We compare those numbers to Lomachenko’s last airing, there was an average of 832,000 viewers who watched Lomachenko defend his WBO world super featherweight title against Sosa in the main event of HBO’s “World Championship Boxing” tripleheader.

An event featuring another Ukrainian star, WBO cruiserweight champion AleksandrUsyk (12-0, 10 KO’s) and talented light heavyweight contender OleksandrGvozdyk (13-0, 11 KO’s).

With everything considered, promotion vs. no promotion, Lomachenko and Rigondeaux are in the same ball park.

Again why is there praise for one (Lomachenko) and disdain for another (Rigondeaux)? Why can’t there be room to praise both talents? By praising both, it’s how we continue to appreciate and build the sport as opposed to continually tear it down.

Also very important, why hasn’t this fight been made?

This can be an interesting match-up of talents featuring two legendary amateur fighters.

Rigondeaux uses an unique skill-set, possesses power in both hands and based on his social media handles (Twitter, Instagram) appears willing to fight the best as well.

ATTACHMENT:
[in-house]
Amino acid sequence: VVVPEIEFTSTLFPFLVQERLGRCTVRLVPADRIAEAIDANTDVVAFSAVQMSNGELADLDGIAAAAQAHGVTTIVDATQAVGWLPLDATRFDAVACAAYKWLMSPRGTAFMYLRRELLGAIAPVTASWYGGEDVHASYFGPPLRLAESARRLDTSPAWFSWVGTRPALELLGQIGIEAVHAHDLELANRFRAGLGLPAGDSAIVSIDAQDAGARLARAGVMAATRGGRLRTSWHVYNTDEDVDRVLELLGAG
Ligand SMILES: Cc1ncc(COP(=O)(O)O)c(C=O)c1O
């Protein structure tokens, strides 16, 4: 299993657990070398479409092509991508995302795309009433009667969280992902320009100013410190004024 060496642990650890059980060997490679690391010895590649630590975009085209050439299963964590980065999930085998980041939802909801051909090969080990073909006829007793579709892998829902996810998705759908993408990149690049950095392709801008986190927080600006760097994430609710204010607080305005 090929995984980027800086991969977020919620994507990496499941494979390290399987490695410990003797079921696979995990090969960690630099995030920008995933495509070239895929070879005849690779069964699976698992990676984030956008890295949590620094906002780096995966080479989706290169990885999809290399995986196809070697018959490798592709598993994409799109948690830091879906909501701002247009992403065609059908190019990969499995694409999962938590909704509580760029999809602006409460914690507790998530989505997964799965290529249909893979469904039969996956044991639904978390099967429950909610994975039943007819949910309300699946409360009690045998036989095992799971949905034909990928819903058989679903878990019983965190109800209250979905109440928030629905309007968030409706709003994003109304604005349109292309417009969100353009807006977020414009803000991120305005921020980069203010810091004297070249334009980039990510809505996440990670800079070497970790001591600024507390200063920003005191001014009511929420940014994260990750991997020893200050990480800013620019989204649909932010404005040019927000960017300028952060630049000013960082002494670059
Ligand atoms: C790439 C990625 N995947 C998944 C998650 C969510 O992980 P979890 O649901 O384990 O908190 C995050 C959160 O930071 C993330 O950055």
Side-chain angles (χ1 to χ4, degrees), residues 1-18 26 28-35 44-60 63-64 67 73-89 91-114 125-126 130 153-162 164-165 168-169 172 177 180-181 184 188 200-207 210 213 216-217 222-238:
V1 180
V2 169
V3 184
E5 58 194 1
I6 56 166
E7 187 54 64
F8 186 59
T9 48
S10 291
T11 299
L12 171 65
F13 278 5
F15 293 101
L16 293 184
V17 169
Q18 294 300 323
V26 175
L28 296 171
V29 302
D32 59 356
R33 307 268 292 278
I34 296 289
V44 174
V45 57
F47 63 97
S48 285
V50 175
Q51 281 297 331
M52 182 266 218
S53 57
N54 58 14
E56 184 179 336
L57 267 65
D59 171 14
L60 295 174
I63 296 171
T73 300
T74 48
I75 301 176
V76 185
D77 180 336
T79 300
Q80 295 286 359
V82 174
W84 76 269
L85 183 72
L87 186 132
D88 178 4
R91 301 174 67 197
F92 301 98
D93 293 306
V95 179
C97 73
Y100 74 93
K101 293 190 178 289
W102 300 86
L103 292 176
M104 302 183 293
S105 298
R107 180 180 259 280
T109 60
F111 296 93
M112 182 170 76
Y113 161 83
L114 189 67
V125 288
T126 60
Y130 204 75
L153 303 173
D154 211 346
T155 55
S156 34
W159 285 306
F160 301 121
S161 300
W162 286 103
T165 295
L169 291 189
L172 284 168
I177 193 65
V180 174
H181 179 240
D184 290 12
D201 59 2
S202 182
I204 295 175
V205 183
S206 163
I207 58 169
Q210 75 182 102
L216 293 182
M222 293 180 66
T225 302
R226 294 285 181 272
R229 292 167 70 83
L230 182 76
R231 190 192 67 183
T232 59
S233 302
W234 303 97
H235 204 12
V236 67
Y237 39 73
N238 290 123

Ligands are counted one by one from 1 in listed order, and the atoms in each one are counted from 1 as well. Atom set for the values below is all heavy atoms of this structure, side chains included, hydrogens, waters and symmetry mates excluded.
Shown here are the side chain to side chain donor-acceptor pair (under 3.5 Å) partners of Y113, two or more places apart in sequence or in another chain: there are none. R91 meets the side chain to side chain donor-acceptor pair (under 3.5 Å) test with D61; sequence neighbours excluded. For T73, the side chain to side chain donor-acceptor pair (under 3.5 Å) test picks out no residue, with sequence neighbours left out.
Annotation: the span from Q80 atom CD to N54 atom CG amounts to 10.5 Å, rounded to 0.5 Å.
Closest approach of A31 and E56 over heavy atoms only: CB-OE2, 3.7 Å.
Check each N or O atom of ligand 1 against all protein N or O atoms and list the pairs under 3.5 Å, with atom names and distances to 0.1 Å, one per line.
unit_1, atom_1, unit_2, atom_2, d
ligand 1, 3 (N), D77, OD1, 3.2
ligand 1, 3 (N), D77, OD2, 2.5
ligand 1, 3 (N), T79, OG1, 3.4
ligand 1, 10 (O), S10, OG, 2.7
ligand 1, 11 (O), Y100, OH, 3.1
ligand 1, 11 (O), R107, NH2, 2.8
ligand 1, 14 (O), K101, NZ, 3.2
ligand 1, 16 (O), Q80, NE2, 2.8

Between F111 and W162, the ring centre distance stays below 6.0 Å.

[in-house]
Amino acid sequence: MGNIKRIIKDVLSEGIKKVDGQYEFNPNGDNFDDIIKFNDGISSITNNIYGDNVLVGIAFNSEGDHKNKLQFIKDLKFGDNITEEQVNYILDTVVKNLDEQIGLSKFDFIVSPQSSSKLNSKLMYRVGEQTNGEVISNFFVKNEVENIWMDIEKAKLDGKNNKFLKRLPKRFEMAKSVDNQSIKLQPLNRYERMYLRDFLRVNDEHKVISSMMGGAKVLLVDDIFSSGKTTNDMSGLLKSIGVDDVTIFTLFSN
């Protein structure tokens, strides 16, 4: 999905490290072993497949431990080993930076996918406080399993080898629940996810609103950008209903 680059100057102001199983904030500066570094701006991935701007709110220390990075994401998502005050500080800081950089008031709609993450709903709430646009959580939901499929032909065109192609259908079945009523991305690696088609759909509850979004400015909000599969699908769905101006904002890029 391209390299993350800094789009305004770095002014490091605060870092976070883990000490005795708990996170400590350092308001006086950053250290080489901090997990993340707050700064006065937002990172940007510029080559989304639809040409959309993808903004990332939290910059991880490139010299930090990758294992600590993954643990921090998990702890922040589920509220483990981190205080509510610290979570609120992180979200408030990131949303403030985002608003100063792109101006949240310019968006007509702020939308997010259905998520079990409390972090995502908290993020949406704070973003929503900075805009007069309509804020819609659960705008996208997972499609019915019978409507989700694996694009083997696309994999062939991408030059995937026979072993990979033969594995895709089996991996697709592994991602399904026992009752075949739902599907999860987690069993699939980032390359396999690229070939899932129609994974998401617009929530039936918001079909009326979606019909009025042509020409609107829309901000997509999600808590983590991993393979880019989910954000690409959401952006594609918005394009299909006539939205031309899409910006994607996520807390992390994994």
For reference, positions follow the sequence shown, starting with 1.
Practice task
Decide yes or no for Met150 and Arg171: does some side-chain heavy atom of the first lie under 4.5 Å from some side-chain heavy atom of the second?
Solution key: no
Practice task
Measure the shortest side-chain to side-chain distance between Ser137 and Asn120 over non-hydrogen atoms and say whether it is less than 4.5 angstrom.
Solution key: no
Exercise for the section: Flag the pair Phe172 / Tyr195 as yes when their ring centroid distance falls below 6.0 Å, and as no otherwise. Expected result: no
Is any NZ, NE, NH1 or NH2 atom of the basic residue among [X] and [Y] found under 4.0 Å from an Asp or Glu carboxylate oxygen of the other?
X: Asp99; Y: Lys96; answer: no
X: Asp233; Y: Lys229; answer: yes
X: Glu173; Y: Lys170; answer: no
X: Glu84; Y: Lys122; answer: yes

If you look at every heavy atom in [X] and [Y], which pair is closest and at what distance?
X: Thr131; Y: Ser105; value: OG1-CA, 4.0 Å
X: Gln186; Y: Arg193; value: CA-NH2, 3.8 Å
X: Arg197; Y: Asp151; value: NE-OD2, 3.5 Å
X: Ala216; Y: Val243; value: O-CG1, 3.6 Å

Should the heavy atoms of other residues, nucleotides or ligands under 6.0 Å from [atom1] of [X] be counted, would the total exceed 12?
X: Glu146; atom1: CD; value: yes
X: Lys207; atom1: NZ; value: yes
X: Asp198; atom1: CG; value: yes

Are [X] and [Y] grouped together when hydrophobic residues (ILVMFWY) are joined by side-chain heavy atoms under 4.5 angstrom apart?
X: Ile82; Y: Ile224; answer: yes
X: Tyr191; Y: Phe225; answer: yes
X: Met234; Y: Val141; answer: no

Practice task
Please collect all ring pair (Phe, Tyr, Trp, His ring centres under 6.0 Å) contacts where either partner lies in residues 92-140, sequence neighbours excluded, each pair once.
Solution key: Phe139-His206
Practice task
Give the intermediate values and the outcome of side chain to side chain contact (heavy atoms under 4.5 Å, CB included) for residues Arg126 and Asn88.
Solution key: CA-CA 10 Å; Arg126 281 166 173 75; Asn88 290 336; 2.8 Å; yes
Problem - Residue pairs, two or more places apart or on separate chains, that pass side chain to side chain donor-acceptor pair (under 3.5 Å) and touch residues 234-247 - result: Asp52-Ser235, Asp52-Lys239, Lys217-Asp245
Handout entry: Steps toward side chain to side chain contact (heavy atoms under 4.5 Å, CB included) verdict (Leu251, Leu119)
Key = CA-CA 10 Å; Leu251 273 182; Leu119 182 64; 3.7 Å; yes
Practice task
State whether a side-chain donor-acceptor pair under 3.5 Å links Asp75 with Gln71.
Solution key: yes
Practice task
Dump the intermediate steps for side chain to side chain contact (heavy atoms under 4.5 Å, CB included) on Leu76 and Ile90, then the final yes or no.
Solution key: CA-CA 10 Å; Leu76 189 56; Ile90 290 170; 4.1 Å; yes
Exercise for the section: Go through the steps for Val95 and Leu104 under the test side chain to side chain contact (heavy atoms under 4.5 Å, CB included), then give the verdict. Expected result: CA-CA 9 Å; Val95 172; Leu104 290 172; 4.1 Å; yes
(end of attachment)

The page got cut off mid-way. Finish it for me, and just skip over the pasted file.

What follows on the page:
The same can be obviously echoed for Lomachenko.

Perhaps it is the former promoter of Rigondeaux and current promoter of Lomachenko who does notnot want the fight to come into fruition?

Arguments and disagreements with weight, money, prevented this epic match-up from manifesting into realization in the past.

The interesting thing is this fight could potentially favor Lomachenko provided his skillset, along with his youth and size advantages.

Based off Rigoneaux’s last performance against Moises Flores 25-0 (17 KO’s) albeit a small sample size, he appears to still possess his reflexes and power.

It’s interesting both Lomachenko and Rigondeaux share so much in common; from amateur pedigree and mirrored accomplishments at the amateur and professional level, high boxing intellect and skill-levels although each possessing different skill-sets and I believe there is a gift and curse they both share.

A gift and curse once shared by Floyd Mayweather, Marvin Hagler and many other great fighters of the past.
Rigondeaux and Lomachenko are so talented, there is reluctance at some degree regarding other fighters and their desire to face them.

It’s to a point where the financial compensation must warrant the risk of the fight.
Rigondeaux’s appears ready.

Let’s make it happen.